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DENVER -- The DNA-testing technology used by Boulder County District Attorney Mary Lacy to exonerate the Ramsey family in the death of JonBenet Ramsey was the same kind authorities used to free Tim Masters in a case that made headlines earlier this year.
"Touch DNA" - the kind left behind by fingers instead of the typical sources, including blood and semen - is at the center of both cases, said Linda Wheeler-Holloway, a former Colorado Bureau of Investigation official who worked for years to help Masters overturn his conviction.
The technology, new to the United States, though well-established in Europe, allows investigators to recover DNA from skin cells left behind on a victim.
"It's proven (technology) because it's DNA - we carry the same DNA in all of our cells," Wheeler-Holloway said. "It's just harder to detect because it's fragile and falls off, unlike blood that's soaked into the clothing or semen that makes a stain."
In another similarity to the Masters case, the skin-cell DNA was recovered from the area of JonBenet's waistband.
In the case of the victim in the Masters case, Peggy Hettrick, it was from the waistband of her underpants. In JonBenet's case, it was around the waistband of her long johns - an area someone would pull on in both cases.
Hettrick, 37, was stabbed in the back and sexually mutilated in 1987. Her killer left her in a field in Fort Collins with her pants pulled down and her shirt pushed up.
Masters was released this year after 91/2 years in prison, when investigators determined another man's skin-cell DNA was found in the cuff of Hettrick's blouse and the inside of her panties - places the killer might have touched.
The private company conducting the sampling in the JonBenet case was The Bode Technology Group, of Lorton, Va. The company has been extracting and analyzing DNA from fingerprints for the past year, said Angela Williamson, Bode's director of forensic casework.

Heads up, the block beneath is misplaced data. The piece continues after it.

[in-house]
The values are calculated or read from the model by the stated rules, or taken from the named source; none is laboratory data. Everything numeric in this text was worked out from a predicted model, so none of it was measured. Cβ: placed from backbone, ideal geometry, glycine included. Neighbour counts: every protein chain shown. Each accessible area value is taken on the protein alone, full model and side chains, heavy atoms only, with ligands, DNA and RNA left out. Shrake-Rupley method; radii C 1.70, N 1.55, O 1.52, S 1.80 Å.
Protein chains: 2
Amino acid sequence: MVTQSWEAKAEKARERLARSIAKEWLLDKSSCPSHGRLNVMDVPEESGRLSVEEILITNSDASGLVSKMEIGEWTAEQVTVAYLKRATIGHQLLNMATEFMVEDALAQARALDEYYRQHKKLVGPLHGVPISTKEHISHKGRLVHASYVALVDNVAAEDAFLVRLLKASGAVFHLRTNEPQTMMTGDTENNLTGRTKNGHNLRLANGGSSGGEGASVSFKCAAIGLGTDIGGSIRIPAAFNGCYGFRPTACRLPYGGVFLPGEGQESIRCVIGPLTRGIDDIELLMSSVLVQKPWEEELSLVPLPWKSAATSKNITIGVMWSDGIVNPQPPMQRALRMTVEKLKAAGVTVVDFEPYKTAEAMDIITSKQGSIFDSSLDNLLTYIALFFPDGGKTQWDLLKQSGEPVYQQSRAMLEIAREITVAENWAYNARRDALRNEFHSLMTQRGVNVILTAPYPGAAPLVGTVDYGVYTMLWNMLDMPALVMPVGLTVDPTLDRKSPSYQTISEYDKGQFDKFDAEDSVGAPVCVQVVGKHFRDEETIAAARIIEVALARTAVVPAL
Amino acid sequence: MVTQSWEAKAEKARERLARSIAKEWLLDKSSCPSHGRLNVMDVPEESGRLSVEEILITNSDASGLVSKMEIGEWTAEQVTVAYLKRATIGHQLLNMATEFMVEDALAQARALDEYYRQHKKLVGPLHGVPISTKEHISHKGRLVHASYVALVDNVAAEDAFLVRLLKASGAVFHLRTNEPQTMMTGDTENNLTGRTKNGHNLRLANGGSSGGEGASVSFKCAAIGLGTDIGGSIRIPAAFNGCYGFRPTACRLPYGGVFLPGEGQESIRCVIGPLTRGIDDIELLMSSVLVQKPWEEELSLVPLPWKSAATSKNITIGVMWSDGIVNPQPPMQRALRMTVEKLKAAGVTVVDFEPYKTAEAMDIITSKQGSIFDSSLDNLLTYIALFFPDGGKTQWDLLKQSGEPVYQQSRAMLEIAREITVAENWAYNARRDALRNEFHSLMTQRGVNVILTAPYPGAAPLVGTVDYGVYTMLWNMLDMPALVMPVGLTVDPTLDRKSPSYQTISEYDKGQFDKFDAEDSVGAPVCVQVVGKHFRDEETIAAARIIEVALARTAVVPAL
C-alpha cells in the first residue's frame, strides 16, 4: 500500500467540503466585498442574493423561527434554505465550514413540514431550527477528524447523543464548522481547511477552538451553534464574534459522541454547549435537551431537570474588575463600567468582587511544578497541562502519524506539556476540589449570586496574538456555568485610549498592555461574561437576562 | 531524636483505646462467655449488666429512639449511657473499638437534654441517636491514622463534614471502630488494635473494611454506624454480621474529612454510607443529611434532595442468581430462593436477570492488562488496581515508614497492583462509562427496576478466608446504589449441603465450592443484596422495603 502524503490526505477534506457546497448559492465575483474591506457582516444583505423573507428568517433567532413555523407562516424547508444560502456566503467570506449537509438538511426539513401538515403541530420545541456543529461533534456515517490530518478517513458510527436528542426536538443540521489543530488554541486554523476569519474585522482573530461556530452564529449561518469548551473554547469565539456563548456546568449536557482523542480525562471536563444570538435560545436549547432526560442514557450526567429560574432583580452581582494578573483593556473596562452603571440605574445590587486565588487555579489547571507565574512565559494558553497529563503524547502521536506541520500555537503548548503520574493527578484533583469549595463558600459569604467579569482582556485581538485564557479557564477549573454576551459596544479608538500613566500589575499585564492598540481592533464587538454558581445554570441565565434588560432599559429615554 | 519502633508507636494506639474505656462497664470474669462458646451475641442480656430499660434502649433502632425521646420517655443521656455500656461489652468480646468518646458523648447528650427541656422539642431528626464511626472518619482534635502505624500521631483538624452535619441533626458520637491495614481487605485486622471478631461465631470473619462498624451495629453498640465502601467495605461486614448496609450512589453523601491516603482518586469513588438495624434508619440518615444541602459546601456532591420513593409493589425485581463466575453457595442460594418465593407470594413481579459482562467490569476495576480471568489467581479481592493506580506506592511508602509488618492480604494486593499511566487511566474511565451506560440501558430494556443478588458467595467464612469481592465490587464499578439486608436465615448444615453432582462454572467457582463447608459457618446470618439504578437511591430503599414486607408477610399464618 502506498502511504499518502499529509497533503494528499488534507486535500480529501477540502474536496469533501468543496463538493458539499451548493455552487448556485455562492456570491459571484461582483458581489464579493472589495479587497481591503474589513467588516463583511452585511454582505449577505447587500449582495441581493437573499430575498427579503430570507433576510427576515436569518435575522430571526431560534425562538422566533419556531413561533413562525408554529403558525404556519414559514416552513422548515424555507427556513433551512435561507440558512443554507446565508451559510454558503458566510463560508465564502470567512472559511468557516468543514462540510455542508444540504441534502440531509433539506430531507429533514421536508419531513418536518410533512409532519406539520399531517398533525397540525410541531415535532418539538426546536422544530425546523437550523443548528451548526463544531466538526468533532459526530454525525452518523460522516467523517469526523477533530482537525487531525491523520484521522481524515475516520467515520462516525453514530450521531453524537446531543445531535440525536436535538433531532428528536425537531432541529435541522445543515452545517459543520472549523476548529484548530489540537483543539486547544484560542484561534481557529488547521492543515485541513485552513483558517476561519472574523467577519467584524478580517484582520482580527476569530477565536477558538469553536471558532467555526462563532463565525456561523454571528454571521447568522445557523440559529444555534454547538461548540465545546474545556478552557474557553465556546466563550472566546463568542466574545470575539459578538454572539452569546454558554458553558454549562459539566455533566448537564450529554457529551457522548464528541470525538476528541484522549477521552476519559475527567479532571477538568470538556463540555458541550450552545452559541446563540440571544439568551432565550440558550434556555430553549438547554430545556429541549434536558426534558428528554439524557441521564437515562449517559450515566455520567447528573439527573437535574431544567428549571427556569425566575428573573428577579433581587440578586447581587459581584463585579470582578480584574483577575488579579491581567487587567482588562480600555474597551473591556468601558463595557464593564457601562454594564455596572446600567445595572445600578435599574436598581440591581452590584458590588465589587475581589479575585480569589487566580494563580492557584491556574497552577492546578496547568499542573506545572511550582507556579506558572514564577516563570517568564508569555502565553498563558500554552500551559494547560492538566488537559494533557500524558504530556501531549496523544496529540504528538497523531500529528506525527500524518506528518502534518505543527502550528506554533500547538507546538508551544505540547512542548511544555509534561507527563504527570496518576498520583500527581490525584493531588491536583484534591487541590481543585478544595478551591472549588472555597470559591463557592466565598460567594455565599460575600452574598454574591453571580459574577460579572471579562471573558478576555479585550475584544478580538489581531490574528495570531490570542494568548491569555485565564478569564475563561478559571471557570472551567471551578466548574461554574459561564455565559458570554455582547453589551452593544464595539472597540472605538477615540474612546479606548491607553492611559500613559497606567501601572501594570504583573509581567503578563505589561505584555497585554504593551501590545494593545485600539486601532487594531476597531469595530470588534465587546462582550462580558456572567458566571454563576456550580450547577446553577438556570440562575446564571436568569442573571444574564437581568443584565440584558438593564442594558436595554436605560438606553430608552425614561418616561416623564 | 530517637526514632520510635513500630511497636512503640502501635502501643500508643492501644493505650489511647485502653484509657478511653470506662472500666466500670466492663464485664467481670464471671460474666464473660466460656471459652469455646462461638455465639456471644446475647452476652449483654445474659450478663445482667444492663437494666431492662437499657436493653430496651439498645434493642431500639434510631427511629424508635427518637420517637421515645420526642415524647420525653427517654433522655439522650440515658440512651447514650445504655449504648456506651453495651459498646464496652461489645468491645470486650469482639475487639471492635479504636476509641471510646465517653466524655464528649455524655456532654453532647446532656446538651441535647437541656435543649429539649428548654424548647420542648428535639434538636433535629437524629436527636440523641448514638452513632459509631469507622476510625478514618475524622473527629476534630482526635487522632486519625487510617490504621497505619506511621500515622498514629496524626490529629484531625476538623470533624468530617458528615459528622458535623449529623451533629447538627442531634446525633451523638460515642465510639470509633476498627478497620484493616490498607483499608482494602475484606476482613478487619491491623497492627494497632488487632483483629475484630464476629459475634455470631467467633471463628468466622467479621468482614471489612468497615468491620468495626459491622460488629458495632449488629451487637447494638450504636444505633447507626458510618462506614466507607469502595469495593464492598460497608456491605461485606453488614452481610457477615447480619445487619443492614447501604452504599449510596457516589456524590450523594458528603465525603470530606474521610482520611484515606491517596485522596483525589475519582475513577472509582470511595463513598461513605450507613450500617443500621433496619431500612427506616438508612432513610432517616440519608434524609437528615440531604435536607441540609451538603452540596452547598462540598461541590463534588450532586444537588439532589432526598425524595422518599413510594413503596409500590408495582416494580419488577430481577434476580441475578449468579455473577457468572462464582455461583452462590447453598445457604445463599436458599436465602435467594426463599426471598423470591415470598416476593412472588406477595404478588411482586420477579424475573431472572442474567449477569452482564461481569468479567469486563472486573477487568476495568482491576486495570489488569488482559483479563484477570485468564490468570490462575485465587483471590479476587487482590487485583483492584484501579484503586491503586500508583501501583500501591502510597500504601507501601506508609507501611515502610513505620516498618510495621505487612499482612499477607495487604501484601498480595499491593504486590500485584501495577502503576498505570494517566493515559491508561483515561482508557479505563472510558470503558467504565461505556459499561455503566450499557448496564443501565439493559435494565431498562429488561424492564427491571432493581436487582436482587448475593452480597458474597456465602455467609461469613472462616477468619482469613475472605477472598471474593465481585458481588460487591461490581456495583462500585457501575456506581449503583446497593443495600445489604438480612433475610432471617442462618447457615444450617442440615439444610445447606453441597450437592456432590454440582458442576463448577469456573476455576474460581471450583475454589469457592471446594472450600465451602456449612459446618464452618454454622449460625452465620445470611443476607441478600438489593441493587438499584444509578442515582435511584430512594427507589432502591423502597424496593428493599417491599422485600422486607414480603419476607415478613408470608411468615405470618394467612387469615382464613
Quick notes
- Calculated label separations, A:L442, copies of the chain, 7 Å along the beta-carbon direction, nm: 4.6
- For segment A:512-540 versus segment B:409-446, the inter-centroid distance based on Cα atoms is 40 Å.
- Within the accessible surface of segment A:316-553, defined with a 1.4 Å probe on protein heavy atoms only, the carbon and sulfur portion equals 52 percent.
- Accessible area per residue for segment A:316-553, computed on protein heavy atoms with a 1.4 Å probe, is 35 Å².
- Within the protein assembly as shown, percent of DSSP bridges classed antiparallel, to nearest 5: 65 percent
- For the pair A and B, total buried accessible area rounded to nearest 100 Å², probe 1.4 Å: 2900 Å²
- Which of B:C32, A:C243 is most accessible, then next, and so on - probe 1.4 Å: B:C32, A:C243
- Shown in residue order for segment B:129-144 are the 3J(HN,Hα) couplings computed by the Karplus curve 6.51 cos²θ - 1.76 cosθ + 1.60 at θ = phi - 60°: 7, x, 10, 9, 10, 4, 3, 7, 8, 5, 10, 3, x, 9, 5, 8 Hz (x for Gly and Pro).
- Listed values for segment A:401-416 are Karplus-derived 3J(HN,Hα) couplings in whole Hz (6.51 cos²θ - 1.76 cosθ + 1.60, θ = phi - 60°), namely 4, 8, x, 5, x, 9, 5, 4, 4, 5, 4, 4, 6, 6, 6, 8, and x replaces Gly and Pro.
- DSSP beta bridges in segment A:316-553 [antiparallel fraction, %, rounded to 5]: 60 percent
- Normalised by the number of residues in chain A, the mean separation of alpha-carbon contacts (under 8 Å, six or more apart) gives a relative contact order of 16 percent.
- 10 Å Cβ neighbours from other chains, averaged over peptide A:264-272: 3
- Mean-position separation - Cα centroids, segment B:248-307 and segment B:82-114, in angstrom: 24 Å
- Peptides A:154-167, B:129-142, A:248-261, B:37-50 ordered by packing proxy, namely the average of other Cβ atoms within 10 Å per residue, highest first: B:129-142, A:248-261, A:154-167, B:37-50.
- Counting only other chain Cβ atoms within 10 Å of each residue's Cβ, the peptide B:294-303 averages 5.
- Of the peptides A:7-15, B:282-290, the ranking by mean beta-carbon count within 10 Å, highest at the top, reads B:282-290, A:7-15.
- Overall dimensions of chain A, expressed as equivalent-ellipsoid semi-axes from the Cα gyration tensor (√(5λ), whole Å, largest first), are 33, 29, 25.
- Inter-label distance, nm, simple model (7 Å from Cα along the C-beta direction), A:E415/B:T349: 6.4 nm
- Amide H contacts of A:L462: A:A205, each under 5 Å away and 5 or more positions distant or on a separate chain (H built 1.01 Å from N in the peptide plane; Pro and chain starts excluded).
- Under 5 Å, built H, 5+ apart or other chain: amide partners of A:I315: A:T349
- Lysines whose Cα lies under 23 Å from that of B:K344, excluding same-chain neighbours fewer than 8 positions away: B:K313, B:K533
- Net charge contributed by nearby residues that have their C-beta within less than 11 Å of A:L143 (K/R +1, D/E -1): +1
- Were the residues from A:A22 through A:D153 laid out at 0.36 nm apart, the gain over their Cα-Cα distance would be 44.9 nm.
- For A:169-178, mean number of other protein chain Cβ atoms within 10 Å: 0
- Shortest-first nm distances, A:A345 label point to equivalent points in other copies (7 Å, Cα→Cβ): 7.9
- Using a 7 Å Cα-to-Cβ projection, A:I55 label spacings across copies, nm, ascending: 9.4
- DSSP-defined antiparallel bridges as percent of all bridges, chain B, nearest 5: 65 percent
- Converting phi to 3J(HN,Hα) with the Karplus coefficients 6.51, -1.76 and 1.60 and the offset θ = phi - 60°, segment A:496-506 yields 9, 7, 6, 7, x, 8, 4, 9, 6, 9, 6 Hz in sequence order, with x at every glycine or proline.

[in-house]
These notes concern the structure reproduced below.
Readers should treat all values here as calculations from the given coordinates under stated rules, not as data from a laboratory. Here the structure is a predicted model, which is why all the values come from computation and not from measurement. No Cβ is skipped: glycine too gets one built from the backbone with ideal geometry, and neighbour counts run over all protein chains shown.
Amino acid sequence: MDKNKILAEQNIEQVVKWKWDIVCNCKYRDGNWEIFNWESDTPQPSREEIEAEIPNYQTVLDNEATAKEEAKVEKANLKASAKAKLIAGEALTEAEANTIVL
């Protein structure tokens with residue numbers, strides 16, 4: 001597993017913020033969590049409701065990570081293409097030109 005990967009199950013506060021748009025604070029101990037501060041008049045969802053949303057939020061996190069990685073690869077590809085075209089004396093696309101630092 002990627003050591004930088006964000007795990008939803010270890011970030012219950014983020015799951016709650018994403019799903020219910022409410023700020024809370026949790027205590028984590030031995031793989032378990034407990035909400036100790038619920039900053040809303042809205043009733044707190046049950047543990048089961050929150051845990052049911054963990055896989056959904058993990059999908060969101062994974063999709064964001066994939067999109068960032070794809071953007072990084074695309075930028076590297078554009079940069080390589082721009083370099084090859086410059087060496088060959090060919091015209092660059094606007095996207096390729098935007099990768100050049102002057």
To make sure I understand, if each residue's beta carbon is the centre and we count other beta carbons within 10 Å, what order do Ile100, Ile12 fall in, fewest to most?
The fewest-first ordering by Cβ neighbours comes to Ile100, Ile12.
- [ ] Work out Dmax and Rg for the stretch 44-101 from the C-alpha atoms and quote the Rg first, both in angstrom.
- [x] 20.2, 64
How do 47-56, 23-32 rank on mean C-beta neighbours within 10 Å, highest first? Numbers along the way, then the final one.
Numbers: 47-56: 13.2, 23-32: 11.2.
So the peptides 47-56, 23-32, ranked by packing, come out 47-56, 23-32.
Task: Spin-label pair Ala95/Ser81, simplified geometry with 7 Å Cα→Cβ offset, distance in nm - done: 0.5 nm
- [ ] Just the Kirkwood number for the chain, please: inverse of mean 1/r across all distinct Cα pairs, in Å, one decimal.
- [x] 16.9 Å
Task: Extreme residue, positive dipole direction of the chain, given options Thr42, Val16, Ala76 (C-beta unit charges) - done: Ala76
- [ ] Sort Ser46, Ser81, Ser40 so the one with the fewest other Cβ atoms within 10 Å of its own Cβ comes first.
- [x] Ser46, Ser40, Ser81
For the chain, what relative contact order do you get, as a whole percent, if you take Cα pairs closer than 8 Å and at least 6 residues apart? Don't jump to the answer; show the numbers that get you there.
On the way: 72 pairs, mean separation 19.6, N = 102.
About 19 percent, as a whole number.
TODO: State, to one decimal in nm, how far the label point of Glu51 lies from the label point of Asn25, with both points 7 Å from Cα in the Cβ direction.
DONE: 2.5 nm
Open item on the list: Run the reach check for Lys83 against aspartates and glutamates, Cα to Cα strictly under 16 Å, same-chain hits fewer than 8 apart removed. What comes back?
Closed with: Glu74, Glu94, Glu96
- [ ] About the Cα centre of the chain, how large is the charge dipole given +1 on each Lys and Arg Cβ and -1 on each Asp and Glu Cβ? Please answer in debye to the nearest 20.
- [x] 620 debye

Lacy chose the firm after consultations with several law enforcement agencies, including the Boulder Police Department, a district attorney's news release said.
The way the DNA is collected is critical, Williamson said. Techniques include swabbing, lifting with tape and scraping.
"We had a discussion with the detectives, and they believed the suspect would have touched the outer garments and the undergarments," she said.
Previous tests had already determined an unidentified male left DNA evidence in JonBenet's underwear. Bode scientists scraped the area on JonBenet's leggings where someone would have placed their hands to pull them down, Williamson said.
"We did get a DNA profile," she said. "What we got is DNA that matched the undergarments."
In the past 10 years, Bode has analyzed more than 300,000 convicted offender samples from 13 states and more than 40,000 forensic case samples, according to its Web site. It also analyzed more than 25,000 DNA samples from the Alaska Airlines Flight 261 and American Airlines Flight 587 aircraft disasters and the terrorist attacks on the World Trade Center.
Wheeler-Holloway said the DNA evidence in the Ramsey case is strong in exonerating the Ramseys.
"If they're finding the same DNA pattern in more than one place on the clothing of JonBenet, it's extremely significant in pointing toward the perpetrators," she said. "It is significant evidence (the Ramseys) weren't involved in the murder of their child."
Evidence in JonBenet Ramsey case